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Sampling of Tissues with Laser Ablation for bottom-up Proteomics: Comparison of Picosecond Infrared Laser (PIRL) and Microsecond Infrared Laser (MIRL)

revised on 19.07.2018, 08:23 and posted on 19.07.2018, 12:14 by Andrey Krutilin, Stephanie Maier, Raphael Schuster, Sebastian Kruber, Marcel Kwiatkowski, Wesley D. Robertson, Dwayne R. J. Miller, Hartmut Schluter
The analysis of proteomes directly from tissues requires the proteins to be released from the cells and their compartments and solubilized, which usually is achieved by mechanical homogenization. It was recently shown, that sampling of tissues with the novel picosecond infrared laser (PIRL) offers higher yields of proteins with respect to the total amount and total number of individual proteins in comparison to mechanical homogenization. Furthermore, proteins obtained from tissues by homogenization with PIRL are significantly less enzymatically degraded, giving improved access to the original composition of proteoforms. The effective cold vaporization of tissue with PIRL is very soft, which is responsible for the phenomenon, that even enzymatic activities of proteins in the tissue aerosol are maintained. In contrast, the energy following irradiation of tissue with microsecond infrared laser (MIRL) pulses is not thermally and acoustically confined to the ablated volume. In this study, PIRL (1 J·cm-2) and MIRL (40-60 J·cm-2) were compared for sampling different tissue types for bottom-up proteomics. We showed that PIRL at low fluence is optimal for soft tissue and desired in scenarios were enzymatic activities of proteins must be maintained as well as were no residual tissue damage is a requirement. MIRL could be well suited for scenarios were enzymatic activities must be suppressed within the intact tissue and thermal and acoustic damage is not a concern.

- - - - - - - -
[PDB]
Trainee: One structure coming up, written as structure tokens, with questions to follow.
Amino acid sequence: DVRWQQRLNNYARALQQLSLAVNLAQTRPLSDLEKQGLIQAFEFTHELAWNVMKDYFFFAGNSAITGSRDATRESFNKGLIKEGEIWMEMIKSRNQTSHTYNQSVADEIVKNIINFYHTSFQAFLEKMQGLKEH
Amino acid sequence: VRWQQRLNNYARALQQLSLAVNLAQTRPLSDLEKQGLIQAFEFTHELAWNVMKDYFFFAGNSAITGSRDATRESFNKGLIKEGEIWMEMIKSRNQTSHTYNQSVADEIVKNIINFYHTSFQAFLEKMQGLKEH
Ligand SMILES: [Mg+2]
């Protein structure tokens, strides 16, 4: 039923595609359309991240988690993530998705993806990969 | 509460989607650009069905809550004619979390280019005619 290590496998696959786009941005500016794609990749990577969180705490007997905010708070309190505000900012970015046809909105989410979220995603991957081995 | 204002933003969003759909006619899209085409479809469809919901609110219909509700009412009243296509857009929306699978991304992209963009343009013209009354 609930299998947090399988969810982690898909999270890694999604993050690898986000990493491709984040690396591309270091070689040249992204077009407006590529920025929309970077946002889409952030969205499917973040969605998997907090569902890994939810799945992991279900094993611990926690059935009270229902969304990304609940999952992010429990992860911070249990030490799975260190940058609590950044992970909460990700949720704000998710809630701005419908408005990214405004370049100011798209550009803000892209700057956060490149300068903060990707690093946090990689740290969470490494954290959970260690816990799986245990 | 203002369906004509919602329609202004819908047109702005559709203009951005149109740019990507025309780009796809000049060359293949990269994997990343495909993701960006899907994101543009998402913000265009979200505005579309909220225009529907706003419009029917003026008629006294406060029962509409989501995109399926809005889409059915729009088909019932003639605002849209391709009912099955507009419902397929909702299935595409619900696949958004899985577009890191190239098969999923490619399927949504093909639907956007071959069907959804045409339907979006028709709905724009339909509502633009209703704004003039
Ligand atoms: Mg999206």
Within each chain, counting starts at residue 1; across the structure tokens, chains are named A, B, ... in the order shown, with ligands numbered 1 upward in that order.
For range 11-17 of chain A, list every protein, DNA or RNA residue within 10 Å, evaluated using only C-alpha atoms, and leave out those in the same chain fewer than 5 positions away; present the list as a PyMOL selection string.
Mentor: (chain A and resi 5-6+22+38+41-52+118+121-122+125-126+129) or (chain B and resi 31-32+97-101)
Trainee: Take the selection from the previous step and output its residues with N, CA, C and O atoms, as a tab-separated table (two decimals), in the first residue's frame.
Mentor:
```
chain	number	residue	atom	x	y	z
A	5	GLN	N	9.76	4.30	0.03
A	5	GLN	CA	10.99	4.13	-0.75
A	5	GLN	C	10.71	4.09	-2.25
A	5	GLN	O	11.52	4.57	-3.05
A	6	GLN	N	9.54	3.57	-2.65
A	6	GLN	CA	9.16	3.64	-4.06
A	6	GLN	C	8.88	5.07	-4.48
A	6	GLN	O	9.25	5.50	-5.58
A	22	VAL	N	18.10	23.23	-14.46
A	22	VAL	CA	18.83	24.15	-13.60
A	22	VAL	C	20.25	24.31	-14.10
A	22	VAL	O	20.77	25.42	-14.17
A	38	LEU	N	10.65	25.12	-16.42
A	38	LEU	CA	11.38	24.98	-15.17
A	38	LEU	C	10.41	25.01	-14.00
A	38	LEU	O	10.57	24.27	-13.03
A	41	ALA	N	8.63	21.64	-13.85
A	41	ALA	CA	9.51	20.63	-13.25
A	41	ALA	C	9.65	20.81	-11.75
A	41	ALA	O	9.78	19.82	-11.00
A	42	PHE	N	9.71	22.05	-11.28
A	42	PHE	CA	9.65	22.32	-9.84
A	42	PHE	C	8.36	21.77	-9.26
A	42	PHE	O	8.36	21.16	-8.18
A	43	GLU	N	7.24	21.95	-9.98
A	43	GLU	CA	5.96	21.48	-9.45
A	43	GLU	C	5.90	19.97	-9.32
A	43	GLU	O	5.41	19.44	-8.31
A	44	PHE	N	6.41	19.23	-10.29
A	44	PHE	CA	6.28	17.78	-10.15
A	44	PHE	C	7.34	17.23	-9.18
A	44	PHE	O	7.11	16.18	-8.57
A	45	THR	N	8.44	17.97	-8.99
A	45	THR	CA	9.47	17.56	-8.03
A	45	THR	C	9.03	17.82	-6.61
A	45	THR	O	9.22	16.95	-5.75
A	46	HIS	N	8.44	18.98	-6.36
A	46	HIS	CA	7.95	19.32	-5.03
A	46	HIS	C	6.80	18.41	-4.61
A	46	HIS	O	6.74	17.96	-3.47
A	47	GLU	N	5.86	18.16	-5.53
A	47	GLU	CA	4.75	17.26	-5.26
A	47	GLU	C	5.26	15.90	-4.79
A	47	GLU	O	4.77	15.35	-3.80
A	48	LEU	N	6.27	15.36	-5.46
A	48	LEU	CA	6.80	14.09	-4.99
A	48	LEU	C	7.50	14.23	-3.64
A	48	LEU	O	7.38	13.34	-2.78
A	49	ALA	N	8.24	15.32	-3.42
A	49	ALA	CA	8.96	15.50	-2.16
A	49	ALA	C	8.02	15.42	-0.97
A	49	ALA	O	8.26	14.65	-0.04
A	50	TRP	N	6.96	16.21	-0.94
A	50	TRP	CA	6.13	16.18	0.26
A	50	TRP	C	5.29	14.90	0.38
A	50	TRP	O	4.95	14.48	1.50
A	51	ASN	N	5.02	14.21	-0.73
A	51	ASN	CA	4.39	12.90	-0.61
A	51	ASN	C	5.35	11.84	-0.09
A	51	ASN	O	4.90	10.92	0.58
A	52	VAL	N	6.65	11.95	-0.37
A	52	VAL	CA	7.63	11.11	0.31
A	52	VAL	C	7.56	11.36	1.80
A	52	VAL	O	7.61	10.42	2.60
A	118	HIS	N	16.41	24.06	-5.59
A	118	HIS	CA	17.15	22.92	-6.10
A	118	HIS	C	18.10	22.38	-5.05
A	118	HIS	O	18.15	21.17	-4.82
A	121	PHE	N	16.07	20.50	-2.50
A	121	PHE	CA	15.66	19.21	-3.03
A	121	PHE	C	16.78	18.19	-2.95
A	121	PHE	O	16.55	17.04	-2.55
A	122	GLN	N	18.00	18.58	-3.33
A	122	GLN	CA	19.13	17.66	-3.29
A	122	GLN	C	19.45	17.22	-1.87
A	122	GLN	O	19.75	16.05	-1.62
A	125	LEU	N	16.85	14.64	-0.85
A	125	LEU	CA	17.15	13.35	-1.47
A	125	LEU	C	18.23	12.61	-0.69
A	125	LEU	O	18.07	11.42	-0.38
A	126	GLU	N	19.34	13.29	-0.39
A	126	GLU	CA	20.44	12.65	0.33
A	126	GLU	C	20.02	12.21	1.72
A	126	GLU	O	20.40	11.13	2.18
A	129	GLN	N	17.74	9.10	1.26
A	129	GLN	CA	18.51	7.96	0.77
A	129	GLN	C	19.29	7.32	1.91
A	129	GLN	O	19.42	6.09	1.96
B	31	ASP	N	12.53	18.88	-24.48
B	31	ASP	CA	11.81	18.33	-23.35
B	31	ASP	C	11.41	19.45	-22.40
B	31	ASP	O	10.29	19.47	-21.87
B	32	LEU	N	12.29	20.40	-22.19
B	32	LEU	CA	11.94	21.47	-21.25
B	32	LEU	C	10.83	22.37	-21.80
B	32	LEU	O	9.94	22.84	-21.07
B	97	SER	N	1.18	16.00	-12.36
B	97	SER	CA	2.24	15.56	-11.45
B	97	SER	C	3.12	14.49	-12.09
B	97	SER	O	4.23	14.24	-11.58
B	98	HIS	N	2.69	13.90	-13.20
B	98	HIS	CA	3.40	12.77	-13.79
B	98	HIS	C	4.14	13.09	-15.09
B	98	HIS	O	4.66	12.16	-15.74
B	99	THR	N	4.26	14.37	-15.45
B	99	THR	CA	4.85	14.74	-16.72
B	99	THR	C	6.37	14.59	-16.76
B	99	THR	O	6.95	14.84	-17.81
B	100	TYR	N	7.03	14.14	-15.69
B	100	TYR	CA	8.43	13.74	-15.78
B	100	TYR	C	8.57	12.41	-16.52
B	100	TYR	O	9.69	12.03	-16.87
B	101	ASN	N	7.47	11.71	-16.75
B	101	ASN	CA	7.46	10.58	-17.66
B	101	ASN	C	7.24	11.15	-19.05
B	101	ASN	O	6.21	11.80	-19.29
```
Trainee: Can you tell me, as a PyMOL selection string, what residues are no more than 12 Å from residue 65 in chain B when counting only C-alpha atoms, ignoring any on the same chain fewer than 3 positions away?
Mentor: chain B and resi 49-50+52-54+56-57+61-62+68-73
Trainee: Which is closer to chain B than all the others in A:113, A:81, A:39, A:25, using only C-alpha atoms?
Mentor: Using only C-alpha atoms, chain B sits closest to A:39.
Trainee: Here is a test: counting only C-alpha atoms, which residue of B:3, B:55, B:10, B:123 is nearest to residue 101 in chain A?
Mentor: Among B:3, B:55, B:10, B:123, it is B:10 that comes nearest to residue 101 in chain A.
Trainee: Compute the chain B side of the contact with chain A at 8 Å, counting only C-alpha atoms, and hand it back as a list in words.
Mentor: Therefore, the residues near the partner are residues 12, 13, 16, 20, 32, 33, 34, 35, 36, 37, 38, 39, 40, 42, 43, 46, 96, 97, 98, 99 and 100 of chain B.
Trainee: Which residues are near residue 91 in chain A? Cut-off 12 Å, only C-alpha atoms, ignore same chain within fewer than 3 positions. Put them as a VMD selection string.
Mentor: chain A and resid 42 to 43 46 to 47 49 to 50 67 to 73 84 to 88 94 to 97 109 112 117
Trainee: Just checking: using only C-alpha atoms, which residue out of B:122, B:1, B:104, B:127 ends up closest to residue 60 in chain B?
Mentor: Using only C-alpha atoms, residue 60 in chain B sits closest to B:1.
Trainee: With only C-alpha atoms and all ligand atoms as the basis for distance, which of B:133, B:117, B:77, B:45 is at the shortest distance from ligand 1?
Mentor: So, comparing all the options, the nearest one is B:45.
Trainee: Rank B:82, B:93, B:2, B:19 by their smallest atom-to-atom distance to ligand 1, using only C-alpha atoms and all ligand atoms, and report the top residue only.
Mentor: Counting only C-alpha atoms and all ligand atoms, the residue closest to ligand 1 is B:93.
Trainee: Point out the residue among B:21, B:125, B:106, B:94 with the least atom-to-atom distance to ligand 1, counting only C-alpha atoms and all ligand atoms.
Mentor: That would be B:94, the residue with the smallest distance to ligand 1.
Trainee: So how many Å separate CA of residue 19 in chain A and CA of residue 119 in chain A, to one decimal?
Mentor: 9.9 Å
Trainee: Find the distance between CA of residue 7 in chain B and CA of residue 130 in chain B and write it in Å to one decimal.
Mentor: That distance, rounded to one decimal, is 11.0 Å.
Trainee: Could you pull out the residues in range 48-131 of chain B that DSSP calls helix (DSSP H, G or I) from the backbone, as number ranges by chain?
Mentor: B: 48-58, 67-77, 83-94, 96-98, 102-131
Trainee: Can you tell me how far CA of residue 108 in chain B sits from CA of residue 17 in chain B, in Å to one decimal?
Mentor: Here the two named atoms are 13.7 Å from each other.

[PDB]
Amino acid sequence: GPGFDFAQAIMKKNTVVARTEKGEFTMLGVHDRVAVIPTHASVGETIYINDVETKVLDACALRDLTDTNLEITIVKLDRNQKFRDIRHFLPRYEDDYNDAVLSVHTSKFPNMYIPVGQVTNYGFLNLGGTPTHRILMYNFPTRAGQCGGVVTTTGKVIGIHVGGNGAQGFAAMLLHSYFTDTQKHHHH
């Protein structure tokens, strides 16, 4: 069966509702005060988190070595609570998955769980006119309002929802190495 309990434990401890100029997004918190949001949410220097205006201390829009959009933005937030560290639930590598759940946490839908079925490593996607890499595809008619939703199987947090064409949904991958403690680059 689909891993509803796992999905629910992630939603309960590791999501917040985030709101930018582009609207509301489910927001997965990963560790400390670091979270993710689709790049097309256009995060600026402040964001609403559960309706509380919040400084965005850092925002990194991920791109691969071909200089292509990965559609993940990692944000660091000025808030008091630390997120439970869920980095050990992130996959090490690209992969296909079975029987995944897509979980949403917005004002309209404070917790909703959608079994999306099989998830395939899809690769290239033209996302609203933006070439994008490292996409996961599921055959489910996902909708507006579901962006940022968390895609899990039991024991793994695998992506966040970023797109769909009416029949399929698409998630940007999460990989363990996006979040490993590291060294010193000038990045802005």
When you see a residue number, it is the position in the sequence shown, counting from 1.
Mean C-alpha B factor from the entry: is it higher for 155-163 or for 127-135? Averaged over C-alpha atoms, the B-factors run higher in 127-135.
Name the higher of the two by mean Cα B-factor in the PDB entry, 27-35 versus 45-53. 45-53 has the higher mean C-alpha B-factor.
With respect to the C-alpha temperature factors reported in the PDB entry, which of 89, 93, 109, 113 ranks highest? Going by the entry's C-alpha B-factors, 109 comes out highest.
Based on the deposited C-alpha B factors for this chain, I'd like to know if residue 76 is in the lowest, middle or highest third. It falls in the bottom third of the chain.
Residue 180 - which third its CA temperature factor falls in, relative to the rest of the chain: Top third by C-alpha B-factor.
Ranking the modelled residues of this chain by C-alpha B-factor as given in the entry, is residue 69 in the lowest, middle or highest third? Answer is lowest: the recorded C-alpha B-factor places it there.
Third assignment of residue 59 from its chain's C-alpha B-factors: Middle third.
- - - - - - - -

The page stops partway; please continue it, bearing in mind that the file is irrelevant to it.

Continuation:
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Max Planck for Structure and Dynamics of Matter



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Initial draft prior submission